However, counter-intuitively, all governments since 1989 (all non-single party majority governments) have been minority governments and except two (Chandra Shekhar, 1990-91, and Rao, 1991-96) all have been minority coalitions (dependent on external supporting parties) including the United Front governments of Gowda and Gujral (1996-98), the 1998-99 BJP-led government, the 1999-2004 BJP-led National Democratic Alliance (NDA) government and the UPA I (2004-09) and UPA II (since 2009).

However, two of them, NDA and UPA I, and if the UPA II government lasts its full term, three, have been stable despite being minority coalitions. What has been the source of their stability?

I argue that what are formally minority coalitions actually have the character of surplus majority coalitions, and this is what gives them and their leading parties, stability. In a nutshell, if one considers not just the parties in government (the executive coalition) but the also the external supporting parties (taken together, the legislative coalition), no party has been pivotal for the NDA, UPA I and UPA II coalitions, hence they are stable as they are, in effect, like surplus majority coalitions.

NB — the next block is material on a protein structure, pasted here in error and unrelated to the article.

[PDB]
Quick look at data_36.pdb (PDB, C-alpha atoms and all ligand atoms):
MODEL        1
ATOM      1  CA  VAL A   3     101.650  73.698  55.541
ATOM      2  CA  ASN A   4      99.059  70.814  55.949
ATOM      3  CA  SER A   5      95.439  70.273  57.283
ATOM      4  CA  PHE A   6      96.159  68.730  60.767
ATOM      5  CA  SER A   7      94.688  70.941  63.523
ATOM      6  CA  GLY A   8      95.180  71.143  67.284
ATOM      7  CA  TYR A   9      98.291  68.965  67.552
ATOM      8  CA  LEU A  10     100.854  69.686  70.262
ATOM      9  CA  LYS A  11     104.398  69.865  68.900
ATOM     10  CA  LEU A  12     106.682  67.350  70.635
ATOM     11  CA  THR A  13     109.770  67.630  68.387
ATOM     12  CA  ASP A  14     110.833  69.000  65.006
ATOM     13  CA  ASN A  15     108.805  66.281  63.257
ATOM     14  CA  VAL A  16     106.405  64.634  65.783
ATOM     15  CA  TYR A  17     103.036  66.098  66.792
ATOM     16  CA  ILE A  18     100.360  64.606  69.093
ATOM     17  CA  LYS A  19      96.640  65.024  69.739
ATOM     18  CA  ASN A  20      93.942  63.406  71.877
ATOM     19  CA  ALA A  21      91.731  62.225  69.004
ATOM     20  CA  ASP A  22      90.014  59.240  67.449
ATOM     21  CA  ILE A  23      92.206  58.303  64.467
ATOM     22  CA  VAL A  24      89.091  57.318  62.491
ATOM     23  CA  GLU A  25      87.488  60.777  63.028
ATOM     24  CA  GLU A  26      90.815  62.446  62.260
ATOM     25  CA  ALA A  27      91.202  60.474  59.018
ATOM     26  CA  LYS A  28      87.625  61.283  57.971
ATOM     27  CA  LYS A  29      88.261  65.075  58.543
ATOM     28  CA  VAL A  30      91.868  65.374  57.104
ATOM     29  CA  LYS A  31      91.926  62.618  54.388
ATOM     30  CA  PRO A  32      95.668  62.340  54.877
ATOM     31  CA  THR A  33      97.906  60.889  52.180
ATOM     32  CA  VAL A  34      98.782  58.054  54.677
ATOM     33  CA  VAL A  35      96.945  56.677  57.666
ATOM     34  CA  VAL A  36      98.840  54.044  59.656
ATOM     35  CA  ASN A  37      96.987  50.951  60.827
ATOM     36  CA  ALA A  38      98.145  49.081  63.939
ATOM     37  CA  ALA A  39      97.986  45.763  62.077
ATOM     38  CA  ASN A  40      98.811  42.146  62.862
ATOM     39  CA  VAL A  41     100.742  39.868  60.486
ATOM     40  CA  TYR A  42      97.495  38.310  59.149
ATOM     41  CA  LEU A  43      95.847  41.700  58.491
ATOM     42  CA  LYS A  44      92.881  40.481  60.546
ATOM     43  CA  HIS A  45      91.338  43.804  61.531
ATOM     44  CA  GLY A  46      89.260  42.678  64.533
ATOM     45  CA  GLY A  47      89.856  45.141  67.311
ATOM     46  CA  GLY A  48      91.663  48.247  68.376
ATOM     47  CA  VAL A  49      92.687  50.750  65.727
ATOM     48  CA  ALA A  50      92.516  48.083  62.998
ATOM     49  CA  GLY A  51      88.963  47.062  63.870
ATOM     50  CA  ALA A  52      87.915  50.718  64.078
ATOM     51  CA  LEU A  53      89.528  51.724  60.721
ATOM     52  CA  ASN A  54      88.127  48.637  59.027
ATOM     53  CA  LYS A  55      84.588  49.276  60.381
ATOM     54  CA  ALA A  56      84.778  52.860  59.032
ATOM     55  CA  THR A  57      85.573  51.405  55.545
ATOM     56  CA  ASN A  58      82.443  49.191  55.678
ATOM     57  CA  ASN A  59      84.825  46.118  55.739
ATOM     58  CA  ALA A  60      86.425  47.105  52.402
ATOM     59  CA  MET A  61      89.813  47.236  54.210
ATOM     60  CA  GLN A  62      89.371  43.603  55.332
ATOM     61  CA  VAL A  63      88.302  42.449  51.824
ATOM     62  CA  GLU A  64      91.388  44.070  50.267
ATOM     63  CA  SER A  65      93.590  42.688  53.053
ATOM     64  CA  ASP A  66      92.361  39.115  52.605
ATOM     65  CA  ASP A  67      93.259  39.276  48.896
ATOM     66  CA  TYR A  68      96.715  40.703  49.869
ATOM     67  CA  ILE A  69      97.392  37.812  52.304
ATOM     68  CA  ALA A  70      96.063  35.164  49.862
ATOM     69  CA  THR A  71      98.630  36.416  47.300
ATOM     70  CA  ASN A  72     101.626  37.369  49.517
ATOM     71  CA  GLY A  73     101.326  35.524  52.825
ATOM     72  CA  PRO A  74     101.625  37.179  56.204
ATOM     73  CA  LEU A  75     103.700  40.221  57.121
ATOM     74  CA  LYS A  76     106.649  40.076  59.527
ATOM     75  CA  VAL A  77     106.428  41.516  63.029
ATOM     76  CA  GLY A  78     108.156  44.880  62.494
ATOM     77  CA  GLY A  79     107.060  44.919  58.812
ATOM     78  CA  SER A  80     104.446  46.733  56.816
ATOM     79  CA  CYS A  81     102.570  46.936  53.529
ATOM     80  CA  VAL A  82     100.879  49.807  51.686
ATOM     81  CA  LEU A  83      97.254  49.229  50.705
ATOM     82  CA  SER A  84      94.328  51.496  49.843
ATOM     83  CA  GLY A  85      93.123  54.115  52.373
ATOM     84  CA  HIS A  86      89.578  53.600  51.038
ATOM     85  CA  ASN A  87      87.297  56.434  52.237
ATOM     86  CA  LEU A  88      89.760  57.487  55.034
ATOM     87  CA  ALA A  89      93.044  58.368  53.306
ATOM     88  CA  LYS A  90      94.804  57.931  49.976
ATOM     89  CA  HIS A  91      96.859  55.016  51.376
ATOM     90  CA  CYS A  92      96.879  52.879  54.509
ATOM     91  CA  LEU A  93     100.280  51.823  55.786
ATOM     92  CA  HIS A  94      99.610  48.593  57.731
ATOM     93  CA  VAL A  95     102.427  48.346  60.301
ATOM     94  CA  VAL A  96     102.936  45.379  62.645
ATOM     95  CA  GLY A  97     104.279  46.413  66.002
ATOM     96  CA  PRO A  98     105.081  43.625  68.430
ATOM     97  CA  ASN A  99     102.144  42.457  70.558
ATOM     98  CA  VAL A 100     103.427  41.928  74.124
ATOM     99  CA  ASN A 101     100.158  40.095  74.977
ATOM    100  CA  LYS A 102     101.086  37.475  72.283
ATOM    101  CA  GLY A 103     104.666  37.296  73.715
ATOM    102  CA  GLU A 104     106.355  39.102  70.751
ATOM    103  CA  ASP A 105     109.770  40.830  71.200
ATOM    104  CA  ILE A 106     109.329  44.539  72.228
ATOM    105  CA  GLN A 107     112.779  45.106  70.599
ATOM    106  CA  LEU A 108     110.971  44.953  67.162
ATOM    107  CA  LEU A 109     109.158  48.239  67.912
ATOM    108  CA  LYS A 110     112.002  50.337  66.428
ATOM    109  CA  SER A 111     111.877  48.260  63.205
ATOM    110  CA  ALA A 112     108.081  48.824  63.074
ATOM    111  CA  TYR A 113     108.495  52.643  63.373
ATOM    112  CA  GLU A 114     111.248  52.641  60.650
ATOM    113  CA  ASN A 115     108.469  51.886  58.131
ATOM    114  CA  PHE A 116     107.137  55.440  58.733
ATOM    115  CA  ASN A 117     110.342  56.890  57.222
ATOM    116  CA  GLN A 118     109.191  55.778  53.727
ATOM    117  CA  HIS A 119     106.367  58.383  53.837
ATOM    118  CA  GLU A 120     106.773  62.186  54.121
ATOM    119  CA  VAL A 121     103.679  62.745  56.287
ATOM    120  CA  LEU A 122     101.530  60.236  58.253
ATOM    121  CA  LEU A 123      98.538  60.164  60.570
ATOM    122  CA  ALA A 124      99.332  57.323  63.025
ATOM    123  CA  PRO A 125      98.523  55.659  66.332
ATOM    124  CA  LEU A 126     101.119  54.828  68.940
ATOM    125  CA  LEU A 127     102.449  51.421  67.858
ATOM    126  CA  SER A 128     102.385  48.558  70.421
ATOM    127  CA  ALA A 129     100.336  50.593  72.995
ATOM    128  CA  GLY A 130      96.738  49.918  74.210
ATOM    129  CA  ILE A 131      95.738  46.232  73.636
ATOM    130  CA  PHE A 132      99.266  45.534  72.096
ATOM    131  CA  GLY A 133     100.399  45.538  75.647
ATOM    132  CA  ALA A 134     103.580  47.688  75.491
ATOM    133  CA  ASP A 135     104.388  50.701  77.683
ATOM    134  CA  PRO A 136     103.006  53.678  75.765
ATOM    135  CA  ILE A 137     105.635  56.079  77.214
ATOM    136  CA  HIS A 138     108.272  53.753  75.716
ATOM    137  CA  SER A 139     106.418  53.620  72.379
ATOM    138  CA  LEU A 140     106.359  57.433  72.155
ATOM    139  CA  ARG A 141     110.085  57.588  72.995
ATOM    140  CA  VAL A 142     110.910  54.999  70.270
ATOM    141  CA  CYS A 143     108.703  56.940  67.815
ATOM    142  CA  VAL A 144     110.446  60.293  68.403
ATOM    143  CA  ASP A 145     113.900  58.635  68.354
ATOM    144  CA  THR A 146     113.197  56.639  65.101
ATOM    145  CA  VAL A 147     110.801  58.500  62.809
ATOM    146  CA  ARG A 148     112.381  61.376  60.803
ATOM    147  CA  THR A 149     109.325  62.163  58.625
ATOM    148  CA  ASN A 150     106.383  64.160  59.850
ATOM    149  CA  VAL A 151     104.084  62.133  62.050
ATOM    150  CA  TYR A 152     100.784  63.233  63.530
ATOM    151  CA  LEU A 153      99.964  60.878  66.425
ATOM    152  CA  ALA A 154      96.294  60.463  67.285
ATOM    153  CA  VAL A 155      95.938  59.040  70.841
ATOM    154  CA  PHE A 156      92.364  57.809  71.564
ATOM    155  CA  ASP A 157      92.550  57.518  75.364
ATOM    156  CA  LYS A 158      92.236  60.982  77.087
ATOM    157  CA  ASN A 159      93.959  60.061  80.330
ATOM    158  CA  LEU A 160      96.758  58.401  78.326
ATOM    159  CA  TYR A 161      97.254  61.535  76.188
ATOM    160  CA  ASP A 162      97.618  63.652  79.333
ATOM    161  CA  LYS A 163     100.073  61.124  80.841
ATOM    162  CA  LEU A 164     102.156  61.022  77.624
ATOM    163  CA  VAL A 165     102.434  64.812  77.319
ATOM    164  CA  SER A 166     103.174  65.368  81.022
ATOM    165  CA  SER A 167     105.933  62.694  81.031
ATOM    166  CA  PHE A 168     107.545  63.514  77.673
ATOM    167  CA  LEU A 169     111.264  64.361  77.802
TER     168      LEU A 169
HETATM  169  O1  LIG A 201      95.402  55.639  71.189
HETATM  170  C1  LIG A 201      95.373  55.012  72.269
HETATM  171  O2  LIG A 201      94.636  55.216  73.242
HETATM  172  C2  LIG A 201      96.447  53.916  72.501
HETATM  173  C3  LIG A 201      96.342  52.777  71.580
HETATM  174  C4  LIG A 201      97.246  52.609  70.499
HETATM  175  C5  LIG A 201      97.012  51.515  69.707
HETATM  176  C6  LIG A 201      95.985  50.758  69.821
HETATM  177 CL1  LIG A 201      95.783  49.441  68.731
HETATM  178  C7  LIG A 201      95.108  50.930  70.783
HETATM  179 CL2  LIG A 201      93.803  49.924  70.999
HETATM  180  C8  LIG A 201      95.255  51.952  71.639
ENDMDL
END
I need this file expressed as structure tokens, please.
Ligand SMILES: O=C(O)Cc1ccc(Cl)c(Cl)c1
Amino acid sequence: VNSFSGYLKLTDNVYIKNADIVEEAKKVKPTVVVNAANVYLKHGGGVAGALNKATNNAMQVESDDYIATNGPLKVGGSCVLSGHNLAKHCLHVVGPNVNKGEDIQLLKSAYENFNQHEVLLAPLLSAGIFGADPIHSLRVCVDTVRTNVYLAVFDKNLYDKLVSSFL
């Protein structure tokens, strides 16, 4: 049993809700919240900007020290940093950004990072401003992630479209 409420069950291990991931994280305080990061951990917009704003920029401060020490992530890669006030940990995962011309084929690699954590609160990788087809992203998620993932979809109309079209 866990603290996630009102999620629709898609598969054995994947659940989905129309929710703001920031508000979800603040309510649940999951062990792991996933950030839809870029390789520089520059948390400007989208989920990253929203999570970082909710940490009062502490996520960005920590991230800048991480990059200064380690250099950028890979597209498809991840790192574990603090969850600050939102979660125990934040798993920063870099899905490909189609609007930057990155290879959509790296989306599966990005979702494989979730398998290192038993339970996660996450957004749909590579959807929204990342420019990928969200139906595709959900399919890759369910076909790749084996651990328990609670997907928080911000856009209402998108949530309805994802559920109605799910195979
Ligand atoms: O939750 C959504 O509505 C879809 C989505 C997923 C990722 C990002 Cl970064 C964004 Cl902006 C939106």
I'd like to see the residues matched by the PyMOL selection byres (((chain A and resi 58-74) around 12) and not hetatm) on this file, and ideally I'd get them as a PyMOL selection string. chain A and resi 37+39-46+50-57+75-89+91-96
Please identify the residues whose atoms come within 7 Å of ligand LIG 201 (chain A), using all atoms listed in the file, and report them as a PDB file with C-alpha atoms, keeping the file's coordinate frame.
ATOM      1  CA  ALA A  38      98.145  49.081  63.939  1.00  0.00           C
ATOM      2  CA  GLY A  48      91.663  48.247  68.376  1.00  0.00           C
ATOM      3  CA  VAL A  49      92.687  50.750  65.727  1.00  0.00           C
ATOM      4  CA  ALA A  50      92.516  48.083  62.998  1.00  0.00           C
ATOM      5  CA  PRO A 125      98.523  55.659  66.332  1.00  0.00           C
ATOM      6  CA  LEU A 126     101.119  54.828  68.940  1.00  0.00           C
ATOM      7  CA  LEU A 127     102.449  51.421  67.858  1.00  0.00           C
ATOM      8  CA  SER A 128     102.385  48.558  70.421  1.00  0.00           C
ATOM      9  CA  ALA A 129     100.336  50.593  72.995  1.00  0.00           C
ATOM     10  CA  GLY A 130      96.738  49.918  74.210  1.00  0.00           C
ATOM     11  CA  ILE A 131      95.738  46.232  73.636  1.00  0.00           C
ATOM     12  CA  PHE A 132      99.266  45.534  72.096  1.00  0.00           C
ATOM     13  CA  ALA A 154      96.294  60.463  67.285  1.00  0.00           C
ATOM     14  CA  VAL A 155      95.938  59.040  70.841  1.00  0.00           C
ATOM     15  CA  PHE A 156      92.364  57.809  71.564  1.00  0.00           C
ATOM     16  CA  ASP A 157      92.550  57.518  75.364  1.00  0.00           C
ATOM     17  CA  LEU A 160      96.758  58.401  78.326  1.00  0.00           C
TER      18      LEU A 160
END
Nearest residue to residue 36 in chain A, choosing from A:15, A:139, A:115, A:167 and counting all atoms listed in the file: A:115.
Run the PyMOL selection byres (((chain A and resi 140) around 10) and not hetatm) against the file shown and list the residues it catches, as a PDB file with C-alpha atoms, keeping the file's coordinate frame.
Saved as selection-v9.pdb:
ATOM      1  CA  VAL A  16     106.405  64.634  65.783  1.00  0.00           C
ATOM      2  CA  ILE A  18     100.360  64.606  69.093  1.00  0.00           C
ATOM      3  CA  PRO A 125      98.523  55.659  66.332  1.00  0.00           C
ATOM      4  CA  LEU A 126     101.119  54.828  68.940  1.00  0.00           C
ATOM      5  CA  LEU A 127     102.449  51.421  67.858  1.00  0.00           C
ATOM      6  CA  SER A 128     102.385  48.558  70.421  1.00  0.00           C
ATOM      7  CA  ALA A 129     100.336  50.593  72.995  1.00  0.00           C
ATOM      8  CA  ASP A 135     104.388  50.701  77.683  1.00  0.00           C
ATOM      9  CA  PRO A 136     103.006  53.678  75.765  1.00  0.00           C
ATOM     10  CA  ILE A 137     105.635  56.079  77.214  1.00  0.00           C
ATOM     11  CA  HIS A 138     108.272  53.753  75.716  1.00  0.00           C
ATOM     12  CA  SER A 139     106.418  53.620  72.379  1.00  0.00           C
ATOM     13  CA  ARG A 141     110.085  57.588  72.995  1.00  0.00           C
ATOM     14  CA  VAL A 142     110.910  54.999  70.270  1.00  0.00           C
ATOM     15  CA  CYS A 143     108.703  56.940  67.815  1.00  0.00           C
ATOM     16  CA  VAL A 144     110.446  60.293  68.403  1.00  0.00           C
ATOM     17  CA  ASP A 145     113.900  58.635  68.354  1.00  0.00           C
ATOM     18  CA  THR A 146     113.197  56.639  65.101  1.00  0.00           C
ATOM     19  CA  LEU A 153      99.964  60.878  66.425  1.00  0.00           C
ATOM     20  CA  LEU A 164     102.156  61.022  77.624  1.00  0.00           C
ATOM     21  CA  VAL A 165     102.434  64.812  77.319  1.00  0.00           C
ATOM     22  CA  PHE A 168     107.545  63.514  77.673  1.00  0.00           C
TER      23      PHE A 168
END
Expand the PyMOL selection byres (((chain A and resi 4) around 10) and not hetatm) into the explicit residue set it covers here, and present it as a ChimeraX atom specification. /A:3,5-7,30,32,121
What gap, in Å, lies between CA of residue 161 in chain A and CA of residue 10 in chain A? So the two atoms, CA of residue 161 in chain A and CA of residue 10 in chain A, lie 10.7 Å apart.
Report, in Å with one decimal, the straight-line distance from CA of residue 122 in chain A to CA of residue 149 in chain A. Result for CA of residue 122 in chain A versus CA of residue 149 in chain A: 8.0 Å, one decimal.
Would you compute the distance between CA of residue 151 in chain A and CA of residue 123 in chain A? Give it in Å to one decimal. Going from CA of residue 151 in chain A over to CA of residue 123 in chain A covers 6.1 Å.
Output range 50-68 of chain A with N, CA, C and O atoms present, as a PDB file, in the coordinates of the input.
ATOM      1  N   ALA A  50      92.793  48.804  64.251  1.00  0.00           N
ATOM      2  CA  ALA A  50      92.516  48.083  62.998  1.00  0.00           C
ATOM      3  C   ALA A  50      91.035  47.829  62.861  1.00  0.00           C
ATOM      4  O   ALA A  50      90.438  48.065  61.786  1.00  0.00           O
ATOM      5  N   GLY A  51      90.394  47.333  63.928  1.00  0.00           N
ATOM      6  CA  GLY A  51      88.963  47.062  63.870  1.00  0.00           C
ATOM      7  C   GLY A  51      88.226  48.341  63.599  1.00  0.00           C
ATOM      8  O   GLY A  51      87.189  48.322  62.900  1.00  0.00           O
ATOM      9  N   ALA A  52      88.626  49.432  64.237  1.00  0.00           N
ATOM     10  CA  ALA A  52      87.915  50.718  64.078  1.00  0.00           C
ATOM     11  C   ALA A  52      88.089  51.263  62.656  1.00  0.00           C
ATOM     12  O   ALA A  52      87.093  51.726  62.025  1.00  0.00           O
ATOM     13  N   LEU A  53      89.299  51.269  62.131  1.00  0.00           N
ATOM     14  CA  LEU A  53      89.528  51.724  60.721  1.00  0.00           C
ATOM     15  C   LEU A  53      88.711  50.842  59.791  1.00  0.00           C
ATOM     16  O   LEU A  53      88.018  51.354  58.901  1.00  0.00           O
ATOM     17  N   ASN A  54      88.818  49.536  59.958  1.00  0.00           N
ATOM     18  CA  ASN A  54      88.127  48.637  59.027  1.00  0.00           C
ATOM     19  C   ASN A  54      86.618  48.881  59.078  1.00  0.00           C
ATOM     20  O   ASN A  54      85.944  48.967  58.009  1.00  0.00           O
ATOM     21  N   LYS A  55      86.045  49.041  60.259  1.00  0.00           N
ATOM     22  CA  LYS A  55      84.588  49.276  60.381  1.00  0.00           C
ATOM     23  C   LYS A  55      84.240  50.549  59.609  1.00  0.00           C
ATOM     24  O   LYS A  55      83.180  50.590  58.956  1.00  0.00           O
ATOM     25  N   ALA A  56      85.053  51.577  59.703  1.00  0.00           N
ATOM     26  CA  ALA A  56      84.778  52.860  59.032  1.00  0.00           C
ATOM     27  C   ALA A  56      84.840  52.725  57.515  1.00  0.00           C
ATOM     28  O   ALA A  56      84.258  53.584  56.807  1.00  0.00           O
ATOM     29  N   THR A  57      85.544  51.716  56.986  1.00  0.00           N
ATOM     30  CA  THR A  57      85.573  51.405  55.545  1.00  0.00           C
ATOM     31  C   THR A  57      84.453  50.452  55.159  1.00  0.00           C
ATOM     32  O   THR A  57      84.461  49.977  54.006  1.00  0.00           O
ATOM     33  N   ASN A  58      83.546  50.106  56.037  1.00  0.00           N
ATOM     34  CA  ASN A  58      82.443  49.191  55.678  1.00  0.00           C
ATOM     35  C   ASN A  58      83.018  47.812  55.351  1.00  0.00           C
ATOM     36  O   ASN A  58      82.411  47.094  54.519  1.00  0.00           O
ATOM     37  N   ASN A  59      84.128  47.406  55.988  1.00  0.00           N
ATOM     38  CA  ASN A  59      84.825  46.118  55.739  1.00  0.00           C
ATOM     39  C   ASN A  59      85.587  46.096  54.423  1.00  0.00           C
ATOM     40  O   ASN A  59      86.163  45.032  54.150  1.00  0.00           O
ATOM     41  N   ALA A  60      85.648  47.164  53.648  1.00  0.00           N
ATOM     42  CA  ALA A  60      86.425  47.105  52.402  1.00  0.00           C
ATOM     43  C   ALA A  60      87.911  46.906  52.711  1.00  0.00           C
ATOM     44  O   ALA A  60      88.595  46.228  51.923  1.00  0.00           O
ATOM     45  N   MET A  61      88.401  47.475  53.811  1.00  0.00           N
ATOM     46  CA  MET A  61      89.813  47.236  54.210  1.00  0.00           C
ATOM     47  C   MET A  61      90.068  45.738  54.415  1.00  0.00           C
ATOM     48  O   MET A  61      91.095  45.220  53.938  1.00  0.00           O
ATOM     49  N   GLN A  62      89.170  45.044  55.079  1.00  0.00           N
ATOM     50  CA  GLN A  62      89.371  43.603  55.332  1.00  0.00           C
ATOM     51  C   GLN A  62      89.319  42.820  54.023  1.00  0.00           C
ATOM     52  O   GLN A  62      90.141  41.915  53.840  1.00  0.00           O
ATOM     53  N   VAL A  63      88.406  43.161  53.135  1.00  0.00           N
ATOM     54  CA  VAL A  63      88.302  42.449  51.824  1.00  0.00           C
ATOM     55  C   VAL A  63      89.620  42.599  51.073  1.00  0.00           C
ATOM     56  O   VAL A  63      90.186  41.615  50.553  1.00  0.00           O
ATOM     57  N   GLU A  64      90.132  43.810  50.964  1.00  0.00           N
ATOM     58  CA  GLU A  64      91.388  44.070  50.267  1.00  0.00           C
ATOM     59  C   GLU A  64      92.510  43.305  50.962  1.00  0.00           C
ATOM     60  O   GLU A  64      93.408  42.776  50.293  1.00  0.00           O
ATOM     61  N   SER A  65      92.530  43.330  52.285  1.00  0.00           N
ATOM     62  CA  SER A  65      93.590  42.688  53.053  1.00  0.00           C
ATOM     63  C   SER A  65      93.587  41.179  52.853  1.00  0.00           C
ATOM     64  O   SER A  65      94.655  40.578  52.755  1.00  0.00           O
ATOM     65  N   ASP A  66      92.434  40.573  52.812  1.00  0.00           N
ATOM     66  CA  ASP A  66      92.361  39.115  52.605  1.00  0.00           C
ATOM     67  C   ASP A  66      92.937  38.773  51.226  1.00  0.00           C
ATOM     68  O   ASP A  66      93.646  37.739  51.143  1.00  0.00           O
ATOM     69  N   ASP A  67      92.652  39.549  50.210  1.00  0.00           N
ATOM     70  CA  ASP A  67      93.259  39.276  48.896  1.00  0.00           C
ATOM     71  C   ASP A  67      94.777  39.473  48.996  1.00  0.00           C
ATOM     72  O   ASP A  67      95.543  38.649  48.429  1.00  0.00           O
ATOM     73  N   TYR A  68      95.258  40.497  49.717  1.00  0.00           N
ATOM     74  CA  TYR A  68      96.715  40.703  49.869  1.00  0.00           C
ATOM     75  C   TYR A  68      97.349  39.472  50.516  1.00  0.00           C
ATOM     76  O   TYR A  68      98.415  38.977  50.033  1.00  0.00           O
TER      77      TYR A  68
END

Additionally, some supporting parties are “inter-locked” electorally at the state level with the leading party and hence are unlikely to pull out of a Central coalition. For example, the BJP and the Akali Dal, Shiv Sena and Janata Dal (United), are electorally inter-locked, and in a peculiar way, the Samajwadi Party, the Bahujan Samaj Party and the Left Front with the Congress despite State-level rivalries, as none of them would want to create an opening for the BJP to form an alternative coalition due to both ideological (Left) and State-level rivalries. Hence, the NDA, UPA I and UPA II have been stable.


Coming to the question of economic liberalisation, what is the capacity of such minority coalitions to undertake these types of reforms? Economic liberalisation involves policies such as fiscal cuts and opening of the economy to international competition that involve short-term costs to actually or potentially organised and mobilised groups (such as labour unions and protected industries) but only deferred, uncertain and diffuse benefits.

Hence, there are short-term political costs with only long-term and uncertain benefits for a reforming government. Under what type of coalition arrangements might these types of policies become politically viable?